The Man of Feeling

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J. Taylor, 1800 - Benevolence - 176 pages

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User Review  - sometimeunderwater - LibraryThing

Dull 18th century sentimental novel, doesn't escape its genre. Must have been very affecting at the time, but in our modern ironic age this is just too earnest and sappy. Read full review

LibraryThing Review

User Review  - stillatim - LibraryThing

What more do you need from a contemporary novel? Clever clever narrative disruption? Check. Post-romantic fragmentation? Check. Rejection of final moral? Check. And every time someone writes a review ... Read full review


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Page 51 - because', said he, 'I think it an inhuman practice to expose the greatest misery with which our nature is afflicted to every idle visitant who can afford a trifling perquisite to the keeper ; especially as it is a distress which the humane must see, with the painful reflection, that it is not in their power to alleviate it'.
Page 151 - ... or horses, to any distance he had a mind ; but as he did things frequently in a way different from what other people call natural, he refused these offers, and set out immediately a-foot, having first put a spare shirt in his pocket, and given directions for the forwarding of his portmanteau. This was a method of travelling which he was accustomed to take; it saved the trouble of provision for any animal but himself, and left him at liberty to...
Page 59 - Is he, indeed? And shall we meet again? And shall that frightful man (pointing to the keeper) not be there ? Alas ! I am grown naughty of late : I have almost forgotten to think of heaven : yet I pray sometimes; when I can, I pray ; and sometimes I sing : when I am saddest, I sing. You shall hear me hush ! " Light be the earth on Billy's breast And green the sod that wraps his grave.
Page 167 - I am not that coward you imagine me; heaven forbid that my father's grey hairs should be so exposed, while I sat idle at home ; I am young and able to endure much, and God will take care of you and my family." '"Jack", said I, "I will put an end to this matter, you have never hitherto disobeyed me ; I will not be contradicted in this ; stay at home, I charge you, and, for my sake, be kind to my children." 'Our parting, Mr. Harley, I cannot describe to you; it was the first time we ever had parted:...
Page 131 - I fondly imagined that I needed not even these common cautions ! my Emily was the joy of my age. and the pride of my soul ! Those things are now no more, they are lost for ever ! Her death I could have borne, but the death of her honour has added obloquy and shame to that sorrow which bends my grey hairs to the dust ! " As he spoke these last words, his voice trembled in his throat ; it was now lost in his tears.
Page 181 - Harley ; he ran up stairs to his aunt, with the history of his fellow-travellers glowing on his lips. His aunt was an economist ; but she knew the pleasure of doing charitable things, and withal was fond of her nephew, and solicitous to oblige him. She received old Edwards, therefore, with a look of more complacency than is perhaps natural to maiden ladies of threescore, and was remarkably attentive to his grand-children : she roasted apples with her own hands for their supper, and made up a little...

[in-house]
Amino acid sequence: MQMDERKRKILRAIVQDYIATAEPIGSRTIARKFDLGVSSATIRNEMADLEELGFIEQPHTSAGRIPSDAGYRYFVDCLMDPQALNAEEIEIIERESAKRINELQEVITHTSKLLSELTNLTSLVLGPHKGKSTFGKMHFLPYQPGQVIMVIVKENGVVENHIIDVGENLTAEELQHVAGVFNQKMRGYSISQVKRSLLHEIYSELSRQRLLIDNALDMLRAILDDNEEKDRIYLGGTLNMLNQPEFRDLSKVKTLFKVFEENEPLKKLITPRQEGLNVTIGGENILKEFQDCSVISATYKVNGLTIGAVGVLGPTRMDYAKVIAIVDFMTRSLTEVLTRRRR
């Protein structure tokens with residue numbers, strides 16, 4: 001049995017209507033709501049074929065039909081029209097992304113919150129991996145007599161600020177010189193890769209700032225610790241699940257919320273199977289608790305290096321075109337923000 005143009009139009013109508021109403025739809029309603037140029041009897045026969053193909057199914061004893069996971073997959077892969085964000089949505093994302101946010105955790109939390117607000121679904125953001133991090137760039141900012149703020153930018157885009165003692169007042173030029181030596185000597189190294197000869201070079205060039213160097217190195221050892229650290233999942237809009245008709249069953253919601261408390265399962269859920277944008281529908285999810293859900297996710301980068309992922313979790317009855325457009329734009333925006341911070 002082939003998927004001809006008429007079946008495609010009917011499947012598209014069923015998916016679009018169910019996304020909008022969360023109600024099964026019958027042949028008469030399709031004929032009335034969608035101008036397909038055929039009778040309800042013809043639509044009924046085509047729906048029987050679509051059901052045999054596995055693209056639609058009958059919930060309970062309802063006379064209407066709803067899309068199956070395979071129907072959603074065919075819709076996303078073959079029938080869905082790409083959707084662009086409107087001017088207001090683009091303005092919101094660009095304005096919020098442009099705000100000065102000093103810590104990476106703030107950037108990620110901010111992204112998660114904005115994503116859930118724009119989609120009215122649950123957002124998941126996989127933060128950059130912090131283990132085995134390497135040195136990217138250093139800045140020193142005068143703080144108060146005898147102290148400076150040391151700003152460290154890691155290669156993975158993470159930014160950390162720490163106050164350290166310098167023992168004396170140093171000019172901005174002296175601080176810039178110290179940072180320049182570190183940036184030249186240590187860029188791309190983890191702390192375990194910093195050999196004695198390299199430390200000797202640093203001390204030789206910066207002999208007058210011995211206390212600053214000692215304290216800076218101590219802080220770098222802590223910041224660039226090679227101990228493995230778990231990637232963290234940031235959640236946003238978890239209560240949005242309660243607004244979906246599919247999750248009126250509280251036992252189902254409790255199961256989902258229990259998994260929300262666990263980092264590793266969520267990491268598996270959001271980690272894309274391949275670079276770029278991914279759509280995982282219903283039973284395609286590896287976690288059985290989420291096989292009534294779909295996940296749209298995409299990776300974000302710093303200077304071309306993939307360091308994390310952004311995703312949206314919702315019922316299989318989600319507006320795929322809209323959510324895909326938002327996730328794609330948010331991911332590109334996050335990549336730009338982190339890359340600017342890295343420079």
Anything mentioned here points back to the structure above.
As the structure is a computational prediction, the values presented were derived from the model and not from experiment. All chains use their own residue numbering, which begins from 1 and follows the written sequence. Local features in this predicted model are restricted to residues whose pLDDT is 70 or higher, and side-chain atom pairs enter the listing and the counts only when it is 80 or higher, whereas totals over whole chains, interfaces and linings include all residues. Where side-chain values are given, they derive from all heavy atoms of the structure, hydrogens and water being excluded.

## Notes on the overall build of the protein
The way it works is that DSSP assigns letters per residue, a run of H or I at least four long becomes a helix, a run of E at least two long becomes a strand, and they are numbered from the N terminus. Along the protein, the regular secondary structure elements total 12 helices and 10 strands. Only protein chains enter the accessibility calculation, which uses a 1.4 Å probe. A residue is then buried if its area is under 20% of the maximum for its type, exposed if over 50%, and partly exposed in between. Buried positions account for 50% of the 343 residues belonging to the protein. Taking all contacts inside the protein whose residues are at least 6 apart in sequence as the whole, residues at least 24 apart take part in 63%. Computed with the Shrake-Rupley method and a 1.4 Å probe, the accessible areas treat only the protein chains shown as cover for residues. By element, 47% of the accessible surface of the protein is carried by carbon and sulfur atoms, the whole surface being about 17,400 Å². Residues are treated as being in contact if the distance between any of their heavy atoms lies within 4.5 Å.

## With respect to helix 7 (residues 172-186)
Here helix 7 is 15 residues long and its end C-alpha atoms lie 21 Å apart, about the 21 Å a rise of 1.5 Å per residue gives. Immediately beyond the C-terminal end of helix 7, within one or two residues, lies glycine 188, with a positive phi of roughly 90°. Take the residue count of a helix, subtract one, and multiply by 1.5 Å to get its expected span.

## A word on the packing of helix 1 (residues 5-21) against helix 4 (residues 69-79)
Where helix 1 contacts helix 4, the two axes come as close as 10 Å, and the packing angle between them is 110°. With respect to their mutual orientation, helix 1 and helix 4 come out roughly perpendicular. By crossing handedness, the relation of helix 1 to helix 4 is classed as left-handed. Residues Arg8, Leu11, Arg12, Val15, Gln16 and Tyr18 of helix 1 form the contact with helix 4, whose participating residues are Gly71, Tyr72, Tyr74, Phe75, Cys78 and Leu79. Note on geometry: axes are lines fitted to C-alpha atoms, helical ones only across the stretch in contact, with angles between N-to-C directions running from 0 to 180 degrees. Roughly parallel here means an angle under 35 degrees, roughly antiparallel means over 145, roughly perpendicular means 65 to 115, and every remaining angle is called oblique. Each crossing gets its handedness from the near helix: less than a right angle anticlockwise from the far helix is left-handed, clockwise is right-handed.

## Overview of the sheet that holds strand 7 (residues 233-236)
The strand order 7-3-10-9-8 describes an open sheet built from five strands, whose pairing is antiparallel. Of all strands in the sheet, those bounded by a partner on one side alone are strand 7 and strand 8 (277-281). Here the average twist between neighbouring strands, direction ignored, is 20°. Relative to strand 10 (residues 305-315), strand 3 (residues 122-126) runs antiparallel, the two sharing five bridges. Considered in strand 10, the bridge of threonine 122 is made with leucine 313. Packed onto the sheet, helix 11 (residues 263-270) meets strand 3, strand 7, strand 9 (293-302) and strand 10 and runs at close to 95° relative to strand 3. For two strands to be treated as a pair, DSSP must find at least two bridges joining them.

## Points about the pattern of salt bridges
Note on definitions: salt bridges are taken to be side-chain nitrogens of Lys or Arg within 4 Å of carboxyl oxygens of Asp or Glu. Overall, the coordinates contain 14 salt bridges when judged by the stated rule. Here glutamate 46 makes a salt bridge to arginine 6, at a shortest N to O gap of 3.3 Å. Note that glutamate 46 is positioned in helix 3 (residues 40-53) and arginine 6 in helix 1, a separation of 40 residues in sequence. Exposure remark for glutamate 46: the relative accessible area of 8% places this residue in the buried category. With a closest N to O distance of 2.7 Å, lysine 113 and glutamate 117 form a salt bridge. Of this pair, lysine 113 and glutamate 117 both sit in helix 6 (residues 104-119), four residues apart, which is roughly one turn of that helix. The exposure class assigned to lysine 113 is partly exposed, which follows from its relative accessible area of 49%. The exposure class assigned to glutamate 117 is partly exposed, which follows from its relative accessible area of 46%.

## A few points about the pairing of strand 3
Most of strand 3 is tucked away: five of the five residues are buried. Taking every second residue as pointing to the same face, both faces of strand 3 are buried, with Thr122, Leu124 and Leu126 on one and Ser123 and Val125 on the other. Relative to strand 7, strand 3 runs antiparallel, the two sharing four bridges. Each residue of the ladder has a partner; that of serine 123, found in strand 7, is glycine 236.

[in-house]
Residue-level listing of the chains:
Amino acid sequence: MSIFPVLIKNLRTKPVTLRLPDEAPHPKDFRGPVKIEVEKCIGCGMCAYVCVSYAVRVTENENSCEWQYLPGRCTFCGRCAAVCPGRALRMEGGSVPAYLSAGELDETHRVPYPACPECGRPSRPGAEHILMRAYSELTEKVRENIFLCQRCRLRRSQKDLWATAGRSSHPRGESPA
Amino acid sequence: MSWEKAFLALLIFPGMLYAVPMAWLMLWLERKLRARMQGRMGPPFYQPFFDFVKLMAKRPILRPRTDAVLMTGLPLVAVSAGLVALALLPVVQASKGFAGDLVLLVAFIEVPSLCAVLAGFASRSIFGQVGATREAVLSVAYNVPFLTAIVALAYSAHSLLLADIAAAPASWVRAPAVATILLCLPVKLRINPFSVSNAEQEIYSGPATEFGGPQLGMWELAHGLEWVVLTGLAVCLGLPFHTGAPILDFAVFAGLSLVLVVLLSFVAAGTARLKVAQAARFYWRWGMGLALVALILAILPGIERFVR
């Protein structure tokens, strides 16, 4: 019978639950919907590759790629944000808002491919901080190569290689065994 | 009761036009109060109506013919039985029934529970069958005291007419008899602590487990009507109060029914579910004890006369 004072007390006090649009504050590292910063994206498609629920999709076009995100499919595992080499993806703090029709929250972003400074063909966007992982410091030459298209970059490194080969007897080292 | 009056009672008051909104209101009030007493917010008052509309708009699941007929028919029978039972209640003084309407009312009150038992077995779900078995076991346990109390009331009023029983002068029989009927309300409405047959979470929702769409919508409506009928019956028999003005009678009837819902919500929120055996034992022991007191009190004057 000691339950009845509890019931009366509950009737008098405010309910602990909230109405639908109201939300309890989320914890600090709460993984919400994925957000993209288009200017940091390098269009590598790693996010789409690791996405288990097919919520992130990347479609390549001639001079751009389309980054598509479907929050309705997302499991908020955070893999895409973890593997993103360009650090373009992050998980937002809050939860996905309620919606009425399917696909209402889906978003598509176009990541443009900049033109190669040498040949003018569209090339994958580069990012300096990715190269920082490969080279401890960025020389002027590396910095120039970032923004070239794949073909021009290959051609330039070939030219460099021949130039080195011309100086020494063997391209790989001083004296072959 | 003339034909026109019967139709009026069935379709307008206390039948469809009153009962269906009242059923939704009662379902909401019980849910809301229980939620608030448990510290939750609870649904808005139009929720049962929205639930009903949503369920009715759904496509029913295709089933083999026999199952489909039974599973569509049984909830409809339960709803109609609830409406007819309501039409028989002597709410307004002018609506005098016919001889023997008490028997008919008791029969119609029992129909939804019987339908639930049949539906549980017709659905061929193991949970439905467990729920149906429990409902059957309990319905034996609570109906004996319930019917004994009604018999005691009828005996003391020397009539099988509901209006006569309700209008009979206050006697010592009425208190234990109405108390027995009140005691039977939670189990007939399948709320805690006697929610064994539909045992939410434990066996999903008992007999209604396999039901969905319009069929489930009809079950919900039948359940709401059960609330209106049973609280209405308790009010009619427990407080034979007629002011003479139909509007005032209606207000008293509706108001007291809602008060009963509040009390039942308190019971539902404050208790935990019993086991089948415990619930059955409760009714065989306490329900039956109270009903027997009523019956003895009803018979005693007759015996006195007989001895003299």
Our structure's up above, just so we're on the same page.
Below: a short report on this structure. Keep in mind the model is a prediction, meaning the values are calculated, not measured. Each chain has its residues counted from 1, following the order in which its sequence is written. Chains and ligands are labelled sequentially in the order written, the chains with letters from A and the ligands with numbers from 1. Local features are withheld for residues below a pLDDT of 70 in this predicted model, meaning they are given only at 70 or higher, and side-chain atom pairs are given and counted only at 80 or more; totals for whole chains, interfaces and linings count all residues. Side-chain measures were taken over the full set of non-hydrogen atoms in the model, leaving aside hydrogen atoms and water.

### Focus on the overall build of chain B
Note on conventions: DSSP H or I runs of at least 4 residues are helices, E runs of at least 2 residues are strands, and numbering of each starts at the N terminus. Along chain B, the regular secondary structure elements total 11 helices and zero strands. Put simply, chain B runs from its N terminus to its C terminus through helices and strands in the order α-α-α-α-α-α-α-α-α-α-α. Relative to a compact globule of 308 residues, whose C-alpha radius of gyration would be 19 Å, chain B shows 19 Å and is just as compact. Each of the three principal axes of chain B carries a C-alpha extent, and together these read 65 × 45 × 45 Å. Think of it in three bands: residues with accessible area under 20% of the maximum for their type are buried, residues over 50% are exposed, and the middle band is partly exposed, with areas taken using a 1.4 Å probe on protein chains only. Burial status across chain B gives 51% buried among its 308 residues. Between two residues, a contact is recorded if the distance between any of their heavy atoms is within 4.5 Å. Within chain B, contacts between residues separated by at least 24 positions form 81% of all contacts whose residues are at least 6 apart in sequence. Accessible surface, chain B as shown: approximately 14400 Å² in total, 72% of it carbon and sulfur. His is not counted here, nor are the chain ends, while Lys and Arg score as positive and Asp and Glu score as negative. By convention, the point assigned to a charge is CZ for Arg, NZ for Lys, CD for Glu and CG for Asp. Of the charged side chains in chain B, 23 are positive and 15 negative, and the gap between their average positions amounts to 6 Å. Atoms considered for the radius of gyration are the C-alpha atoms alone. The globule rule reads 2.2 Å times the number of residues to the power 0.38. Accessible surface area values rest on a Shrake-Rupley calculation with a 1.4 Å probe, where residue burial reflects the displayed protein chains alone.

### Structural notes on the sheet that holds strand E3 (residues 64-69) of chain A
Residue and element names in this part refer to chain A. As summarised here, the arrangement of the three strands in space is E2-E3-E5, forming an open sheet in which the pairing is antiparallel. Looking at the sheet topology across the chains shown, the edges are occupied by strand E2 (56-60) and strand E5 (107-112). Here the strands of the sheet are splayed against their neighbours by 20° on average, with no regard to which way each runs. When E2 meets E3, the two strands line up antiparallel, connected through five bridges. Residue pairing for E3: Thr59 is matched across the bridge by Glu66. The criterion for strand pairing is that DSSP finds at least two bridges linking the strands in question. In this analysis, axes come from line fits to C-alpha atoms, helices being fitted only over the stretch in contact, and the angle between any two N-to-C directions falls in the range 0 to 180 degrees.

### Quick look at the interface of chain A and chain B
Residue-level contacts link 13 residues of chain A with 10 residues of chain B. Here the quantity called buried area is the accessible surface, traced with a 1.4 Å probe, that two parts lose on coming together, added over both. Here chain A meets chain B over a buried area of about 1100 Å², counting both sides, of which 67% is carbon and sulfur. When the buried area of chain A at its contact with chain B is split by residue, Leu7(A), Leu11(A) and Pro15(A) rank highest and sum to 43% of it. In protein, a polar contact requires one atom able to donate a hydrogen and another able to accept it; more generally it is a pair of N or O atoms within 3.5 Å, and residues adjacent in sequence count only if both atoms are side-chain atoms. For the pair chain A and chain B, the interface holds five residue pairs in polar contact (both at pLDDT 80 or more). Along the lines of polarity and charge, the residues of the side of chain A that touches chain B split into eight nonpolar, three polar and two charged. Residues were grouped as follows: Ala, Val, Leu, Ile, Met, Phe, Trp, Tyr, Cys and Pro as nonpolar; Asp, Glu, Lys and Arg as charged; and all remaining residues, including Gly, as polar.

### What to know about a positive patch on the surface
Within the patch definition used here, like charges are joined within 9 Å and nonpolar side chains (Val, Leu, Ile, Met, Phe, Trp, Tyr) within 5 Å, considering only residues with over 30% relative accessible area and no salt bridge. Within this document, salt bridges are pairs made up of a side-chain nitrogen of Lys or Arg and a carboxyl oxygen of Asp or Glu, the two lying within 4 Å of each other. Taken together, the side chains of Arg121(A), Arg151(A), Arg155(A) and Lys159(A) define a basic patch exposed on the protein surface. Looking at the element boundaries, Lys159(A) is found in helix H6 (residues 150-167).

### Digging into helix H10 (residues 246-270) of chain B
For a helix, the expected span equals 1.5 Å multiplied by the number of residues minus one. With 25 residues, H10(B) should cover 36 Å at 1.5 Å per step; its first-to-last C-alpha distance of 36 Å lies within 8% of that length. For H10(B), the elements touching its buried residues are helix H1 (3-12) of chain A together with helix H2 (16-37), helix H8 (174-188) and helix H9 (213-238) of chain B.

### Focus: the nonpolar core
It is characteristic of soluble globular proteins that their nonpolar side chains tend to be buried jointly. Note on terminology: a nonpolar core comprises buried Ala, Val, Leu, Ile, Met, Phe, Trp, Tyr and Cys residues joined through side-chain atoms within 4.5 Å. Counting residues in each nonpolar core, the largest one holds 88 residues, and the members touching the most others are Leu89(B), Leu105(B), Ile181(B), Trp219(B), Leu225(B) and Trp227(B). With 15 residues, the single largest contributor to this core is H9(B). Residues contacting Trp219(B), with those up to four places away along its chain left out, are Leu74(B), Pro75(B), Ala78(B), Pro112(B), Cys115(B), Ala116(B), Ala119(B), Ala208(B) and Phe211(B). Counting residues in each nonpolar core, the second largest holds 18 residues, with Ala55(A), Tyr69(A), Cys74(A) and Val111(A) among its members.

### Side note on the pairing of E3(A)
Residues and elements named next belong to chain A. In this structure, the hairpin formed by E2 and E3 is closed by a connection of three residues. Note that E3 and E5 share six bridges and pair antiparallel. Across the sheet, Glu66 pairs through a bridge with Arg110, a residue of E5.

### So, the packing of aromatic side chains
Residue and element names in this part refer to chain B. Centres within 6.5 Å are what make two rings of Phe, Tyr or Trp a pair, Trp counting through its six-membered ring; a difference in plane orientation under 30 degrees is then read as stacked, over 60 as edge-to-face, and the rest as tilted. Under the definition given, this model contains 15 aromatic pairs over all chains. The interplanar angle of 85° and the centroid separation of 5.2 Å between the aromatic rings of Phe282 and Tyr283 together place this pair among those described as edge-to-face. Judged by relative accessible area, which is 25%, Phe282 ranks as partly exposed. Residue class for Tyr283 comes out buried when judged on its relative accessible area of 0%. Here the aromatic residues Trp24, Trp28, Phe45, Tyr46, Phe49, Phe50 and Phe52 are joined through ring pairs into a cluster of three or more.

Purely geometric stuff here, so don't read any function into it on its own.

Page 163 - Twas on a Christmas eve, and the birth-day too of my son's little boy. The night was piercing cold, and it blew a storm, with showers of hail and snow. We had made up a cheering fire in an inner room; I sat before it in my wickerchair, blessing providence, that had still left a shelter for me and my children.
Page 52 - He was overpowered, however, by the solicitations of his friend and the other persons of the party (amongst whom were several ladies) ; and they went in a body to Moorfields. Their conductor led them first to the dismal mansions of those who are in the most horrid state of incurable madness. The clanking of chains, the wildness of their cries, and the imprecations which some of them uttered, formed a scene inexpressibly shocking.
Page 54 - ... Harley bowed, and accepted his offer. The next person they came up to had scrawled a variety of figures on a piece of slate. Harley had the curiosity to take a nearer view of them. They consisted of different columns, on the top of which were marked South Sea annuities, India stock, and Three per cent, annuities consol. ' This,' said Harley's instructor, ' was a gentleman well known in 'Changealley.
Page 115 - ... spark of courage within me at the horrid proposal. She treated my passion at first somewhat mildly ; but when I continued to exert it, she resented it with, insult, and told me plainly, That if I did not soon comply with her desires, I should pay her every farthing I owed, or rot in a jail for life. I trembled at the thought ; still, however, I resisted her importunities, and she put her threats in execution. I was conveyed to prison, weak from my condition, weaker from that struggle of grief...

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